What a masterpiece! Glad I finally got to sit down and watch this film from Ingmar Bergman, one of the all-time greatest directors. It's a very powerful film and not an easy watch, but so well done. I have always loved the work of cinematographer Sven Nykvist, but this might be one of the most beautiful B&W films I have ever seen. This Swedish classic is most highly recommended for cinema lovers!
In watching these old Ingmar Bergman movies, the thought occurs to me that Bergman was to cinema what the golden age of Russian literature was to writing. His films have a certain depth to them, and feel meaty with their observations on human nature and their questions of religion and philosophy. 'The Virgin Spring', based on a 13th century Swedish ballad, is no exception.
If you think about it, the story of 'The Virgin Spring' encapsulates quite a bit of the effect of religion on those who believe, starting with a girl needing to mind her chastity until marriage, and continuing on with a virgin must deliver candles for Matins. When a horrible thing happens to the girl, her companion and her mother both believe it's because of them, that God had listened to their jealous prayers, while her father is stricken and asks that time-old question, "God, how could you let this happen?" However, none of them challenge that most deeply held assertion, that God exists in the first place. After exacting brutal vengeance, including killing a child, the grief-ridden father asks God for forgiveness, and promises to build him a church on the site. He still believes in spite of it all, wants to remain upright in the best way he can conceive, and is both admirable and flawed at the same time.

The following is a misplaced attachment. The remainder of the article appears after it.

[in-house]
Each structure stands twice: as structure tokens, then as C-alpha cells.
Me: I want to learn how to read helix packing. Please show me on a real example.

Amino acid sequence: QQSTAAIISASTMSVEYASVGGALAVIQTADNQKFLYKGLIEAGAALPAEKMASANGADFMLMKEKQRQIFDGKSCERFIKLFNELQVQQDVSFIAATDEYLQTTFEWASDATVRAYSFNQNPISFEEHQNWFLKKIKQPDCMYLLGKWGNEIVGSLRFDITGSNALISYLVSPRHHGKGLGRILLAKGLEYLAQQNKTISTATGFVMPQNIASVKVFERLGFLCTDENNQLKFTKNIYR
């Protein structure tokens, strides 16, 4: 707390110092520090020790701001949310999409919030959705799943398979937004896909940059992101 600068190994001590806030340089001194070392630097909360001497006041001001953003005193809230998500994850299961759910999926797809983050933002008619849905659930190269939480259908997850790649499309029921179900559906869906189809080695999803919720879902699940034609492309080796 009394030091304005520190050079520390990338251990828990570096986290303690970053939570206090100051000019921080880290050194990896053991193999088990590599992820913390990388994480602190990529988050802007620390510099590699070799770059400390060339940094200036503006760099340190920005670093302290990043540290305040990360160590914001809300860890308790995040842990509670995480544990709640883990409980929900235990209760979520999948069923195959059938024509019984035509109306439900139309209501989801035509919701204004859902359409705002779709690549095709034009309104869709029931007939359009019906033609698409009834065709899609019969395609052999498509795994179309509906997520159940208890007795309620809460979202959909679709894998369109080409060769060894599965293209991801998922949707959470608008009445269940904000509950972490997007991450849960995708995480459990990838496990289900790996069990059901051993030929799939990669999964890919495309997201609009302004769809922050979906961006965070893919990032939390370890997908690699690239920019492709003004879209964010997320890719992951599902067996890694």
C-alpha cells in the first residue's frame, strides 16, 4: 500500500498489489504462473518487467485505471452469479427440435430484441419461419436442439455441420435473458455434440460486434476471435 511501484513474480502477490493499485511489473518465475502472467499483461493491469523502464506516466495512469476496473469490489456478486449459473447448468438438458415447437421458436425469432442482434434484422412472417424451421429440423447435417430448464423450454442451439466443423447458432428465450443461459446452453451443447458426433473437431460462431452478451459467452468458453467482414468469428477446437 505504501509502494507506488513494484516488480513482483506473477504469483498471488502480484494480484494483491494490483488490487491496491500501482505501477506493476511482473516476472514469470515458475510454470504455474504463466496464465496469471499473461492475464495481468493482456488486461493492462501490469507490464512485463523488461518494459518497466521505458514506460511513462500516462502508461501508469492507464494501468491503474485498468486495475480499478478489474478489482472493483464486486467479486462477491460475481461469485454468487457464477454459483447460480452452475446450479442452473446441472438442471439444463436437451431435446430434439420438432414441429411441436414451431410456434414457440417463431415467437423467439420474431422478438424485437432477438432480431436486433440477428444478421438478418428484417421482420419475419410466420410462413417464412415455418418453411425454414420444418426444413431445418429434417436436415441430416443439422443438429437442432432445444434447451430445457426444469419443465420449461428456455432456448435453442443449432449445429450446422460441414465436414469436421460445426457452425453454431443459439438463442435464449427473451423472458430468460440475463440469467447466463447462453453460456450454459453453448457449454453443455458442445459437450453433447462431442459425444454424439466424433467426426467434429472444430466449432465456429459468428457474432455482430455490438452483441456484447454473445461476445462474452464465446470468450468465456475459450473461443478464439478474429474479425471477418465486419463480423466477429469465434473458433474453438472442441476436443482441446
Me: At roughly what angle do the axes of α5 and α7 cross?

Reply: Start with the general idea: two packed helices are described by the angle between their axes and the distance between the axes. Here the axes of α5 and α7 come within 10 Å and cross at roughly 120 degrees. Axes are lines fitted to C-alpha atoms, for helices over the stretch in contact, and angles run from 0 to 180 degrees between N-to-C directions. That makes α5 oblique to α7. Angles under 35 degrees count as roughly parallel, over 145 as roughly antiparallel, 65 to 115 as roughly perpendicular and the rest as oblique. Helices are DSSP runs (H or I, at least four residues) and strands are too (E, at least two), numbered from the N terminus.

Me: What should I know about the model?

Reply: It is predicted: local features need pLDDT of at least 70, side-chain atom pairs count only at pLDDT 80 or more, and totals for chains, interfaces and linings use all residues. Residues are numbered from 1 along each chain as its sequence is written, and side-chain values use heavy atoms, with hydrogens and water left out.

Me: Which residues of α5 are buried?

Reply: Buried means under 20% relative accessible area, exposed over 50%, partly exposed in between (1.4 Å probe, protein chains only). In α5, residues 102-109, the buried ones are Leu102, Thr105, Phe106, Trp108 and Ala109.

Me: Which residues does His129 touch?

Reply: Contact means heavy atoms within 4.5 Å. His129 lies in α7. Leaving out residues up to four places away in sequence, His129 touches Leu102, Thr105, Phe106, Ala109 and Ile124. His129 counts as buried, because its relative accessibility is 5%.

In telling this story with elements of Job ("Why?") and Exodus/Leviticus ("An eye for an eye"), Bergman examines human nature - the inclination to do evil, and the morality of vengeance - as well as the nature of God, and our relationship to Him. How you perceive the film's meaning will likely depend on your most personal views, but it will certainly make you think.